Information for Close Contacts of a COVID-19 Case

COVID-19

Last Updated: June 30, 2022

Who Is a Close Contact| What to Do if You’re a Close Contact| Additional Resources

Who Is a Close Contact

Who Is a Close Contact of a COVID-19 Case?

A close contact is anyone who, during the infectious period of the case:

  • lived with or was within two metres of a person who has COVID-19 for 10 minutes or more of cumulative contact over a 24 hour period, (multiple interactions for a total of 10 minutes or more), even if a mask was worn during that contact, or
  • had direct contact with infectious bodily fluids of a person who has COVID-19 – for example shared items such as drinks, personal hygiene items, cigarettes, vapes, lipstick, eating utensils, or was coughed or sneezed on, or
  • provided direct care for a person who has COVID-19, or
  • had physical contact with a person who has COVID-19, such as handshake, hugging, kissing, or sexual activity, or
  • had contact with a person who has COVID-19 within two meters for one minute or longer during activities that involve speaking, singing, shouting or breathing heavily (e.g., exercise).

Consistent and appropriate use of personal protective equipment (PPE) by regulated health care professionals must be assessed to determine if that person had enough protection from a potential COVID-19 exposure. This is determined by a professional who specializes in infection prevention and control.

Who Is a Household Contact of a COVID-19 Case?

People are household contacts with the person who tested positive if they:

  • live together
  • are sexual partners
  • received or provided care
  • are physically close together, often and for a long time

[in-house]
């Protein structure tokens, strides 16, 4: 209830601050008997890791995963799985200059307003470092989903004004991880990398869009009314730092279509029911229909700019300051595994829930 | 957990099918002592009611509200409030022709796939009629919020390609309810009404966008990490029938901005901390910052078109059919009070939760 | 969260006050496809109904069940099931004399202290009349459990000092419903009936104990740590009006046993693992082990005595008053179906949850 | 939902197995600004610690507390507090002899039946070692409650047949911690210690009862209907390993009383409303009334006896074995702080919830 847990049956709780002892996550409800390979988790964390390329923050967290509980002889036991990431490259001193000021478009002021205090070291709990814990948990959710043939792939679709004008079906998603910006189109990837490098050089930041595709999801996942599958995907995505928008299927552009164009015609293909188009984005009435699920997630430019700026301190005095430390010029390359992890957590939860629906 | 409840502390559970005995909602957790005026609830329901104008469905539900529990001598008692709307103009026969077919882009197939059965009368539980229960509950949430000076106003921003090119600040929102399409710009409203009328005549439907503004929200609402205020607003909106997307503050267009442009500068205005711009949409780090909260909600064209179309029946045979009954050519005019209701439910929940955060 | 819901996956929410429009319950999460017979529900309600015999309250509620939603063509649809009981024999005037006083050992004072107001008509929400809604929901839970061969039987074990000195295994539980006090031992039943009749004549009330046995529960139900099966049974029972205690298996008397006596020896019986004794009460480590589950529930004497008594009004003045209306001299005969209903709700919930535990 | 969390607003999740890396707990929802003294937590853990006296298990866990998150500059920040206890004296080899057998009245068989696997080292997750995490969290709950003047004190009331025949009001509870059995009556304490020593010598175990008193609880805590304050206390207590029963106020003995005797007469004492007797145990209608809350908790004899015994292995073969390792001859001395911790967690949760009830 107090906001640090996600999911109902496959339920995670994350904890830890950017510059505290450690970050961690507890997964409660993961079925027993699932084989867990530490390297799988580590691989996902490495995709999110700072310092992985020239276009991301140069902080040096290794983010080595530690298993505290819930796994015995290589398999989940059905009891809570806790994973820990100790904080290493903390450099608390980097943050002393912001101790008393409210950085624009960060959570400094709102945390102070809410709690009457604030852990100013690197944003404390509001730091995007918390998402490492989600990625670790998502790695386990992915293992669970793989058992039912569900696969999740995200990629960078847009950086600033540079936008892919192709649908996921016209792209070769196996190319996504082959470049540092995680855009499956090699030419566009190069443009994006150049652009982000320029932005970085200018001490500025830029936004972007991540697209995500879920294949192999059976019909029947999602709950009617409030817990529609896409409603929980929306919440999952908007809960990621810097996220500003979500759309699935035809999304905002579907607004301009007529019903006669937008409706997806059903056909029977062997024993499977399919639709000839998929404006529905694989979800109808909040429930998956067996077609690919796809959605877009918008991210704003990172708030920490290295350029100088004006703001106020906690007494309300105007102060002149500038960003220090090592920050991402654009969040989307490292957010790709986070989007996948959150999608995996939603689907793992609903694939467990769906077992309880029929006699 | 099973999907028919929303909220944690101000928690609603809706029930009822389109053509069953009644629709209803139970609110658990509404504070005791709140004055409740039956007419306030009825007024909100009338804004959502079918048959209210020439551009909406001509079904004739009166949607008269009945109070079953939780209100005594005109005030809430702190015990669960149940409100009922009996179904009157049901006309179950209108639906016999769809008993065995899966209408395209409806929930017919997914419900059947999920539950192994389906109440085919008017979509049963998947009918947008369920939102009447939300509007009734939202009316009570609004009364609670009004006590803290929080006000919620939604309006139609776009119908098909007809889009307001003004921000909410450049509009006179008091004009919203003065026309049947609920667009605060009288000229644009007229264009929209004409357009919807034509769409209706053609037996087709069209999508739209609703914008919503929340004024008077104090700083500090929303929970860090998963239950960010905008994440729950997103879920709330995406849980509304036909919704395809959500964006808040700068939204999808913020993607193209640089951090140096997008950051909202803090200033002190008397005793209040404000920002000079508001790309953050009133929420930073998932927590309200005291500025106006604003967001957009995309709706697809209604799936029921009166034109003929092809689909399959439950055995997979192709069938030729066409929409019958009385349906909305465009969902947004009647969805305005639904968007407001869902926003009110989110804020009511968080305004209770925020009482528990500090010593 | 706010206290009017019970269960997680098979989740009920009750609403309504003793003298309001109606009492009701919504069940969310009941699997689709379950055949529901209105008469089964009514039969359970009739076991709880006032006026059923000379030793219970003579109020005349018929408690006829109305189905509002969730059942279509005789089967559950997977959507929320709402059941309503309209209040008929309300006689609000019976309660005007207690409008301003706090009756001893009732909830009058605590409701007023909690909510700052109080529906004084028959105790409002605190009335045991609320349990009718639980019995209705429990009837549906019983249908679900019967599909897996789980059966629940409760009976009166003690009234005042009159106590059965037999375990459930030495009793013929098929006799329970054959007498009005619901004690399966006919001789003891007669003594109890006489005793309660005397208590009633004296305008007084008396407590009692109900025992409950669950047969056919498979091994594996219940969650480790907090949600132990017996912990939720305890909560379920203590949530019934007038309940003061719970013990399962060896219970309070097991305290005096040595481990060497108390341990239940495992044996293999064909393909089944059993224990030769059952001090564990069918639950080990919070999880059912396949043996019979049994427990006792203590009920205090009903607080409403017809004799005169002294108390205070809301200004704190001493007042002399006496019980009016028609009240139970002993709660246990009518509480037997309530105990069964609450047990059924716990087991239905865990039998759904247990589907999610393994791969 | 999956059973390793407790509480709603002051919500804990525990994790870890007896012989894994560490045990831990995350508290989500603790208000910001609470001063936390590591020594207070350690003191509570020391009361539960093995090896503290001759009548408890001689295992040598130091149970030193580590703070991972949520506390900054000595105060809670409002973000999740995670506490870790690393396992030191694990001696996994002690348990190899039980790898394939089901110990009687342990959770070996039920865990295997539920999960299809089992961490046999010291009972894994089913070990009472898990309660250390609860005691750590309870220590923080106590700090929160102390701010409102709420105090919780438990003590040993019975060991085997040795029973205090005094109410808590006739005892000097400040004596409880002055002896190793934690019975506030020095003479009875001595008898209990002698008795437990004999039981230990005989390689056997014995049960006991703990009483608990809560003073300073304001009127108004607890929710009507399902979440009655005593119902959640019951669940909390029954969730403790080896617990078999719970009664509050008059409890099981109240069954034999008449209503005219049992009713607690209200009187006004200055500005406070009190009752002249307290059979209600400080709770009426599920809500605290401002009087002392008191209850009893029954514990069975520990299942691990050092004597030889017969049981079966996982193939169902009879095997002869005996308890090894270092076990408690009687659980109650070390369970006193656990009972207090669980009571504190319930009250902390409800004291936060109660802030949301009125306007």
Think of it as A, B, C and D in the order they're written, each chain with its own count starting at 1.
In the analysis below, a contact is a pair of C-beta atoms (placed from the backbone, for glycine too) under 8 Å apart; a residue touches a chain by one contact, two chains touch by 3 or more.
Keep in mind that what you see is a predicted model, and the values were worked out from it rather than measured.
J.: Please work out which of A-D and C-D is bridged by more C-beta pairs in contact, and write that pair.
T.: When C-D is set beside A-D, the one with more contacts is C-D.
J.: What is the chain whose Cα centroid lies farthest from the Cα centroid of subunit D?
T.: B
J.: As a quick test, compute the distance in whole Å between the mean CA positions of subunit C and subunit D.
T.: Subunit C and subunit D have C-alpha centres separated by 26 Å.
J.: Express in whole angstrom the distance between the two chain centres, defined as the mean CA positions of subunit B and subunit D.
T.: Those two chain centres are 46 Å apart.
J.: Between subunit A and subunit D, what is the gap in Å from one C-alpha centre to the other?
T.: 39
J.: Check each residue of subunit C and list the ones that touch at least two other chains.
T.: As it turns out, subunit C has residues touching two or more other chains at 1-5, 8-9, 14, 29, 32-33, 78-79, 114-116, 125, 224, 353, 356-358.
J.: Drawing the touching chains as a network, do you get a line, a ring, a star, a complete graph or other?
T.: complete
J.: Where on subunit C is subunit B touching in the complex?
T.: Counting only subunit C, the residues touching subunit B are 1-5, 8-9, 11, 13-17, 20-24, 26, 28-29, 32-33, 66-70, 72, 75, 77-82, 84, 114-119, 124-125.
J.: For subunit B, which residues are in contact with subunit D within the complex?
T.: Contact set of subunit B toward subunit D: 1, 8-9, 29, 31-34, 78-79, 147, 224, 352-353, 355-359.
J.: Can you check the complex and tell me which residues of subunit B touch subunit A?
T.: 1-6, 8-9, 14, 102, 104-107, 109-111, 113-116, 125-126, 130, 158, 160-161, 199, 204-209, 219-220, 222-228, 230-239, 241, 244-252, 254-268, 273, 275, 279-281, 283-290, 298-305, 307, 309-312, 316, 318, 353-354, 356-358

Household contacts are at higher risk of getting sick with COVID-19 because of how much and what kind of contact they have with the person who has COVID-19. Their recommendations for household contacts are different than other close contacts. See What do I do if I'm a household contact?

What to Do if You’re a Close Contact

What if I’m a Close Contact?

For 7 days following your last close contact with a confirmed COVID-19 case:

  • Watch for symptoms. If you develop symptoms, you should stay home and away from others. Get tested using an at-home rapid test if you have access to one. For advice on whether you need be tested through AHS, use the COVID-19 Assessment & Testing Tool.
  • Avoid high-risk locations such as continuing care facilities and non-essential hospital visits.
  • Take precautions such as physical distancing, wearing a mask and washing or sanitizing your hands often.
  • For 7 days you are also recommended to:
    • avoid contact with vulnerable people such as seniors, people with weak immune systems and those with chronic health conditions. If contact cannot be avoided, wear a mask.
    • check with your employer about any work restrictions.

If you’re a close contact you won’t be able to enter any AHS or partner facility as a designated support person or a visitor even if you're fully immunized. You’ll only be able to enter if you need healthcare services. See ahs.ca/visitation for more information.

When Can a Person With COVID-19 Spread the Disease to Others?

The time that a person can spread COVID-19 to others is called the infectious period.

For a person with COVID-19 who has symptoms, the infectious period is 48 hours before the symptoms started and for the entire duration of their recommended isolation.

I Attended an Event (Such as a Dinner Party, Yoga Class, Wedding) While I Was Infectious. What Should I Do?

We recommend you notify your close contacts so others who are sick or at risk of getting sick are aware, and can follow recommendations for close contacts. There is no legal obligation for you to share this information.

I Went to Work While I Was Infectious. What Should I Do?

You should follow all applicable workplace requirements. We recommend you notify your employer so others who are sick or at risk of getting sick are aware, and can follow recommendations for close contacts. There is no legal obligation for you to share this information.

My Child Was at School, Daycare, or Camp While Infectious. What Should I Do?

We recommend you notify the school, daycare, or camp administrator so others who are sick or at risk of getting sick are aware. There is no legal obligation for you to share this information.